grounding your radiator

scarborough

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Sep 30, 2016
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any picture on how to ground a alumi radiator. just before putting the car in storage for the winter i noticed the radiator had leak coming from somewhere . i called a shop today ask about getting it repaired i was told the leak was probably cause by not having the radiator grounded (what ....) never heard of that, its only 5/6 yrs old and i only drive the car a couple days a week in the summer. wondering if anyone else has had that problem and how did you correct it. any info would be appreciated
 

oldsofb

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abbey castro

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Evaporator, Heater Core (7).jpg
The original h
GroundWire.jpg
eater copper core had a ground wire to the firewall. When I replaced the core I reinstalled the ground wire to the aluminum replacement core. The radiator sits on four (4) rubber pads . If it needed to have a ground then GM would have put one. If it makes you feel good, ground it to the radiator header. The light harness is grounded there.
 
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84cutspreme

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86 Salon

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Mar 14, 2021
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View attachment 234666 The original h View attachment 234670 eater copper core had a ground wire to the firewall. When I replaced the core I reinstalled the ground wire to the aluminum replacement core. The radiator sits on four (4) rubber pads . If it needed to have a ground then GM would have put one. If it makes you feel good, ground it to the radiator header. The light harness is grounded there.
Do not ground the radiator or heater core. Back in the late 90's, I worked at a Chevy dealer. I put 2 heater cores in a Monte Carlo. They would last less than a year. I called GM Technical Assistance and was told to install a ground wire on the core which I did. A week or so later, the Service Manager gets a call from Technical Assistance and they want the customer to bring the car back to remove the ground wire. Apparently, the ground wire is old technology for brass heater cores. I was told to use a volt meter from battery + to the coolant in the radiator. IIRC, .1 of a volt was max. If it was higher than that, it meant that the coolant could be old and acidic or there was a bad ground on the car which was causing current flow through the radiator or heater core. I had to turn on everything on the car to make sure that no component had a bad ground. I actually found corroded grounds at the transmission. It never came back for a leaking heater core. So don't ground an aluminum radiator or heater core.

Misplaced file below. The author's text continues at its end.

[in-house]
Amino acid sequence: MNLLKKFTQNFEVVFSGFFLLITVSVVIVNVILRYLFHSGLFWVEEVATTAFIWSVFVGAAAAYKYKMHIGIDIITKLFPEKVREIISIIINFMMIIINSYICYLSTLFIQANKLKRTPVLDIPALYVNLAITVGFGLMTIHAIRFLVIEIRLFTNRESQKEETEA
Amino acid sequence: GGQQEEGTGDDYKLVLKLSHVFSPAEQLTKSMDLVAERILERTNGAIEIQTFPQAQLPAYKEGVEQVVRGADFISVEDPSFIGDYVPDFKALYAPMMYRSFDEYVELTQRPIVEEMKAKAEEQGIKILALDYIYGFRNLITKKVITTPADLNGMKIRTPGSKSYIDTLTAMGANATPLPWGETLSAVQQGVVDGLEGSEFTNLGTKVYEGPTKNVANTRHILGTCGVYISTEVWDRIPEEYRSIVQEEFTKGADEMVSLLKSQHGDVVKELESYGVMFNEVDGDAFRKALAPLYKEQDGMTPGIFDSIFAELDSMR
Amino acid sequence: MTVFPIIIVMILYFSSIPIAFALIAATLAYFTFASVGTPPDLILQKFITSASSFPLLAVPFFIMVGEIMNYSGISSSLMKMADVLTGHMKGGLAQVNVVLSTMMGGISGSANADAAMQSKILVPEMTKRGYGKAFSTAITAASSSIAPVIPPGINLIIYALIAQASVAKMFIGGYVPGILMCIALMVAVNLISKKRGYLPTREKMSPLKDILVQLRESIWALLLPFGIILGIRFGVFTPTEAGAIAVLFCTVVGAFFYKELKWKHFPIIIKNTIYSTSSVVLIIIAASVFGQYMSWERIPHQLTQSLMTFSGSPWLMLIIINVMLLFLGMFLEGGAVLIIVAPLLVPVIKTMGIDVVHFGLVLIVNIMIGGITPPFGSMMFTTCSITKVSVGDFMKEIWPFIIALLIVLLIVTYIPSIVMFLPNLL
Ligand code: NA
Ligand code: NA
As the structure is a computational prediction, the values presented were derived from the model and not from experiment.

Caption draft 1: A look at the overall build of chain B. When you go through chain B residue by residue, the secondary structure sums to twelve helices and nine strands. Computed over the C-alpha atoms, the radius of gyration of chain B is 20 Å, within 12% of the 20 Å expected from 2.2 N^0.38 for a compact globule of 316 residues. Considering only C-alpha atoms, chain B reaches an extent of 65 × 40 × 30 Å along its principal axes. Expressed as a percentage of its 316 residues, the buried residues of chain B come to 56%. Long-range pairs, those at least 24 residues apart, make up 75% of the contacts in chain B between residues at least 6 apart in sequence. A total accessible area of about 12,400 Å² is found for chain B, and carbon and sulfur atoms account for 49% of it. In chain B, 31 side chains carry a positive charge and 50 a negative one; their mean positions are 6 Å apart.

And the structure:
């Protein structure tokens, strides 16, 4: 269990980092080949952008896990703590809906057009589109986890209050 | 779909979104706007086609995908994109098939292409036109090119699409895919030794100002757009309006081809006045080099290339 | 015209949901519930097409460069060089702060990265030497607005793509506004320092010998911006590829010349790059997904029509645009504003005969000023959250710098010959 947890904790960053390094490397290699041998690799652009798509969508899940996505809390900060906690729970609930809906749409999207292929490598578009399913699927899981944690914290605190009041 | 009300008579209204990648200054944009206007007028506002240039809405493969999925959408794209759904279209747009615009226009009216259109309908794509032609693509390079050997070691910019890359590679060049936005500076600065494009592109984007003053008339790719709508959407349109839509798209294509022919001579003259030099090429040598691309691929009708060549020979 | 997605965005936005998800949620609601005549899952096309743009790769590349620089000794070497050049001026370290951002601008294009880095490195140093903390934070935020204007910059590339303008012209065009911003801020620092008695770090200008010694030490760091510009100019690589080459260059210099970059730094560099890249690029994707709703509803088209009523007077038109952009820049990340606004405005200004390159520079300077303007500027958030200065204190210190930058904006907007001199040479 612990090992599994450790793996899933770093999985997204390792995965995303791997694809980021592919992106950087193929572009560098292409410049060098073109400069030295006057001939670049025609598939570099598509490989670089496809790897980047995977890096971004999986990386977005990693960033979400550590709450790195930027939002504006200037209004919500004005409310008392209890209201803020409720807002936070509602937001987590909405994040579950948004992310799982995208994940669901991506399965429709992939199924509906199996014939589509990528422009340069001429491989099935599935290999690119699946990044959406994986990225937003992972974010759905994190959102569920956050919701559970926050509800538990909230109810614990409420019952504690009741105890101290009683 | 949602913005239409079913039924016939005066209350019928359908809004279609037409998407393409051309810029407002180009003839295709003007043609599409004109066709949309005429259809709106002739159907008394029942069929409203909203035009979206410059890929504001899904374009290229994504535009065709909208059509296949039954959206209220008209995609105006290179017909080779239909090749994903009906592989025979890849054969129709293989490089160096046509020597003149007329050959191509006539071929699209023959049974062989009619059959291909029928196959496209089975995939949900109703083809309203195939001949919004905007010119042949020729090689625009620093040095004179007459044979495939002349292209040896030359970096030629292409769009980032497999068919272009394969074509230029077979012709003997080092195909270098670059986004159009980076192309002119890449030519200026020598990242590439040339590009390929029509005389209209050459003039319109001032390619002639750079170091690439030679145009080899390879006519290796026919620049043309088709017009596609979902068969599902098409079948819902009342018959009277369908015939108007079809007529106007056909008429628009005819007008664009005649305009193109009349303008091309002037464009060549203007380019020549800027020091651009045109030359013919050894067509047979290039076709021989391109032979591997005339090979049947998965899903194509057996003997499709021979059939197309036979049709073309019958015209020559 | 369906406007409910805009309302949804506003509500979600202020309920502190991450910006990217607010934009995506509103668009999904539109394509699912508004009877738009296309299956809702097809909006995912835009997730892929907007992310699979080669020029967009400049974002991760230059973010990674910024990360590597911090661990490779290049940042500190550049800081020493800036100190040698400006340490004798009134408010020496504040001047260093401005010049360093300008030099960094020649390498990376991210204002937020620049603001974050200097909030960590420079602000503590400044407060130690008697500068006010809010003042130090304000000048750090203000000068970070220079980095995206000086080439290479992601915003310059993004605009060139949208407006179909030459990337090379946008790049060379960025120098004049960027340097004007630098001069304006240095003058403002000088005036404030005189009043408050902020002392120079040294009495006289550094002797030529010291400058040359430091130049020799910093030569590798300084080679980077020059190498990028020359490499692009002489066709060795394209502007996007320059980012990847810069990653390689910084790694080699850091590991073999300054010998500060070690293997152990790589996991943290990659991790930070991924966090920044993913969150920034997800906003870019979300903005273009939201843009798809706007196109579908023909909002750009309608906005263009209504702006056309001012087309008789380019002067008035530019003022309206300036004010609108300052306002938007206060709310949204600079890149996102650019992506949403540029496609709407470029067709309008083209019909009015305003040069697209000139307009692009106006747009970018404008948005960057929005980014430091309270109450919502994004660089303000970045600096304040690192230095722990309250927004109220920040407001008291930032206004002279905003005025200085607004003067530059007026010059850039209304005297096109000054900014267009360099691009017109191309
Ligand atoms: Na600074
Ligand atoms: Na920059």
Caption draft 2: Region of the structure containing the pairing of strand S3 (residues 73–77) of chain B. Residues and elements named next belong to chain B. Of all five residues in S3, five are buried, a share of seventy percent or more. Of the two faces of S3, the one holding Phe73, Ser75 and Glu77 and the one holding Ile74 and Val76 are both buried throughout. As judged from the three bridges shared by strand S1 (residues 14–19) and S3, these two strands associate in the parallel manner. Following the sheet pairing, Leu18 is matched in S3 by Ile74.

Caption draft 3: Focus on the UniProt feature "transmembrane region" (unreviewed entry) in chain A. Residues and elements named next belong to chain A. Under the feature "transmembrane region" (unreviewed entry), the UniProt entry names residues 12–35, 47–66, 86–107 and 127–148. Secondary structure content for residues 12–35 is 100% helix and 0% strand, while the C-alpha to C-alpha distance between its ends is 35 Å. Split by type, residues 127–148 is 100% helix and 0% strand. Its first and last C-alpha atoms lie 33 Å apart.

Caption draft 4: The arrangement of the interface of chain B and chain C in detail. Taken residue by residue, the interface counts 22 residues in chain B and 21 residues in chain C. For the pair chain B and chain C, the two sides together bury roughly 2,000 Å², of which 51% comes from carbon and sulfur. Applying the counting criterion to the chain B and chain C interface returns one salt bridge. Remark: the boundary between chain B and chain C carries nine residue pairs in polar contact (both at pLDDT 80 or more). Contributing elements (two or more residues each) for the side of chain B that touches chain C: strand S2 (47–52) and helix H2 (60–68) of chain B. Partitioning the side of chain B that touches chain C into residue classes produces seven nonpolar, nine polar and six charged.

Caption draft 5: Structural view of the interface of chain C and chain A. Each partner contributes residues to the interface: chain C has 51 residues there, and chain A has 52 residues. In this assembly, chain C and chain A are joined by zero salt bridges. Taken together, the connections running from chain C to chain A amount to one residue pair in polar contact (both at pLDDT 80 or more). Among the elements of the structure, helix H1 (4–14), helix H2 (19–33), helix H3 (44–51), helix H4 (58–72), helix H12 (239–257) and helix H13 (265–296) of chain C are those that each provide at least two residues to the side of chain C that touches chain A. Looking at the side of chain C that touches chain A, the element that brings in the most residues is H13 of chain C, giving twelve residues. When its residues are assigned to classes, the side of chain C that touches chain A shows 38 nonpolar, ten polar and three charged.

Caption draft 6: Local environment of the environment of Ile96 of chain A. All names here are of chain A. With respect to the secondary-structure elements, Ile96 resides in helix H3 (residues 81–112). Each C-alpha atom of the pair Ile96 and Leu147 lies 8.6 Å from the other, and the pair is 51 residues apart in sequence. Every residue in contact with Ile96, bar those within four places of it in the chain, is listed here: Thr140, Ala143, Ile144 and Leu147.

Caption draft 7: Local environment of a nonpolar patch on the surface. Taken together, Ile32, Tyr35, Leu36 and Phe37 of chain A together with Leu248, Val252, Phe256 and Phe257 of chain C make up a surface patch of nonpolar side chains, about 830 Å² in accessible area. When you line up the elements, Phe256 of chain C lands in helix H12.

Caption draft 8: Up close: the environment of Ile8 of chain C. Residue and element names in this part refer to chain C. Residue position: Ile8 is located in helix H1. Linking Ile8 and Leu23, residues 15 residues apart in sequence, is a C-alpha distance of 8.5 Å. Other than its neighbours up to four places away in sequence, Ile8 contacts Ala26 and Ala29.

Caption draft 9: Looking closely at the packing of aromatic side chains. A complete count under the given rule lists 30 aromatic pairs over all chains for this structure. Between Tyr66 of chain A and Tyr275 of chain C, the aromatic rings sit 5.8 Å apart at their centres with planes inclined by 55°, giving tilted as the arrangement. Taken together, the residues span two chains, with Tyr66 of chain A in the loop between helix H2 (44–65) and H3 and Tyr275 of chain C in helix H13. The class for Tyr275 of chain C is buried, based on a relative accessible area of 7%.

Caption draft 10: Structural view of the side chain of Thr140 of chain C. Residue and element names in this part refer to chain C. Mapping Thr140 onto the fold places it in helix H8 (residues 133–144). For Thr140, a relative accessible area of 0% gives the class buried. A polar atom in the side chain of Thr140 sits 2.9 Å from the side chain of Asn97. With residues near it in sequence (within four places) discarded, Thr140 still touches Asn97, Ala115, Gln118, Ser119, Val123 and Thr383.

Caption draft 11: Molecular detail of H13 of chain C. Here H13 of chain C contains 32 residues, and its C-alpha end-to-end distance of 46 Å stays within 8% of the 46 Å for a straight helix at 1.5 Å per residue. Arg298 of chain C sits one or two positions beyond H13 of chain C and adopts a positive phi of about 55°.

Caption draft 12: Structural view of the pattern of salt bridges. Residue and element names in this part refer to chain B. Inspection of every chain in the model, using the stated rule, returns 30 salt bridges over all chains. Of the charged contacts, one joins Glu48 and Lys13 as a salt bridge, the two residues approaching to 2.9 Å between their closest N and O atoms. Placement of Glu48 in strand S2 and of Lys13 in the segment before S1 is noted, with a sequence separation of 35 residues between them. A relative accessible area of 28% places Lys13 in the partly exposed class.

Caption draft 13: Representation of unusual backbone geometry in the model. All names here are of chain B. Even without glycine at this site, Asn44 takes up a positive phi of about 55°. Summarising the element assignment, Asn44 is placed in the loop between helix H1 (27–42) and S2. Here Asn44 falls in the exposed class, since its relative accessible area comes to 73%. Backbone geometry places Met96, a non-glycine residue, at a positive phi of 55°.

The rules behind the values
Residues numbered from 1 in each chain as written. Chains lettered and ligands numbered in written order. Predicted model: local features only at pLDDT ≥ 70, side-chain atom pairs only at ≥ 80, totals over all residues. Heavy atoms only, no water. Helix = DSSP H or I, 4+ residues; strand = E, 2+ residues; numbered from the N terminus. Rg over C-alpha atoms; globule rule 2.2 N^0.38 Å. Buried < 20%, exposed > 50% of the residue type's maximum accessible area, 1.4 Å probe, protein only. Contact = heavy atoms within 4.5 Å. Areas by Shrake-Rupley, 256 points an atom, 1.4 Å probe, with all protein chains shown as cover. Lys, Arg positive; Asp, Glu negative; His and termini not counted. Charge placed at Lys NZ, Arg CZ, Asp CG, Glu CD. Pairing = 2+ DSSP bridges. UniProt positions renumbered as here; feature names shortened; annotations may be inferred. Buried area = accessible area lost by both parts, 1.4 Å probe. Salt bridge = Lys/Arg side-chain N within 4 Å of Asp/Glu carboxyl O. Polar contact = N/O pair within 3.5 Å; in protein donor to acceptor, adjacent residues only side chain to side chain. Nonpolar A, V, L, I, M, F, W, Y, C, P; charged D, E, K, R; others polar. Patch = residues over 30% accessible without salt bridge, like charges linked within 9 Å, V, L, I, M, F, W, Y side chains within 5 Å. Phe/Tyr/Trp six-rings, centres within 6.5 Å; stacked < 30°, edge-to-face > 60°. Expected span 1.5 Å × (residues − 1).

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Clone TIE Pilot

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Aug 14, 2011
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Do not ground the radiator or heater core. Back in the late 90's, I worked at a Chevy dealer. I put 2 heater cores in a Monte Carlo. They would last less than a year. I called GM Technical Assistance and was told to install a ground wire on the core which I did. A week or so later, the Service Manager gets a call from Technical Assistance and they want the customer to bring the car back to remove the ground wire. Apparently, the ground wire is old technology for brass heater cores. I was told to use a volt meter from battery + to the coolant in the radiator. IIRC, .1 of a volt was max. If it was higher than that, it meant that the coolant could be old and acidic or there was a bad ground on the car which was causing current flow through the radiator or heater core. I had to turn on everything on the car to make sure that no component had a bad ground. I actually found corroded grounds at the transmission. It never came back for a leaking heater core. So don't ground an aluminum radiator or heater core.

Brass and copper are more noble than cast iron which is more noble than aluminum.
 

86 Salon

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Mar 14, 2021
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Brass and copper are more noble than cast iron which is more noble than aluminum.
That's why later GM, and probably all rear wheel drive vehicles and trucks have rubber in the trans cooler lines. FWD vehicles need to have rubber in the cooler lines because the engines move and would break the lines, but in a RWD, there would be no reason to have any rubber in the lines for breakage.
 
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SoFloG

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Mar 9, 2016
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12v industry forever and never heard of grounding a radiator. Seems like it would turn it in to a conductor, and lead to rapid corrosion and electrical gremlins.
 
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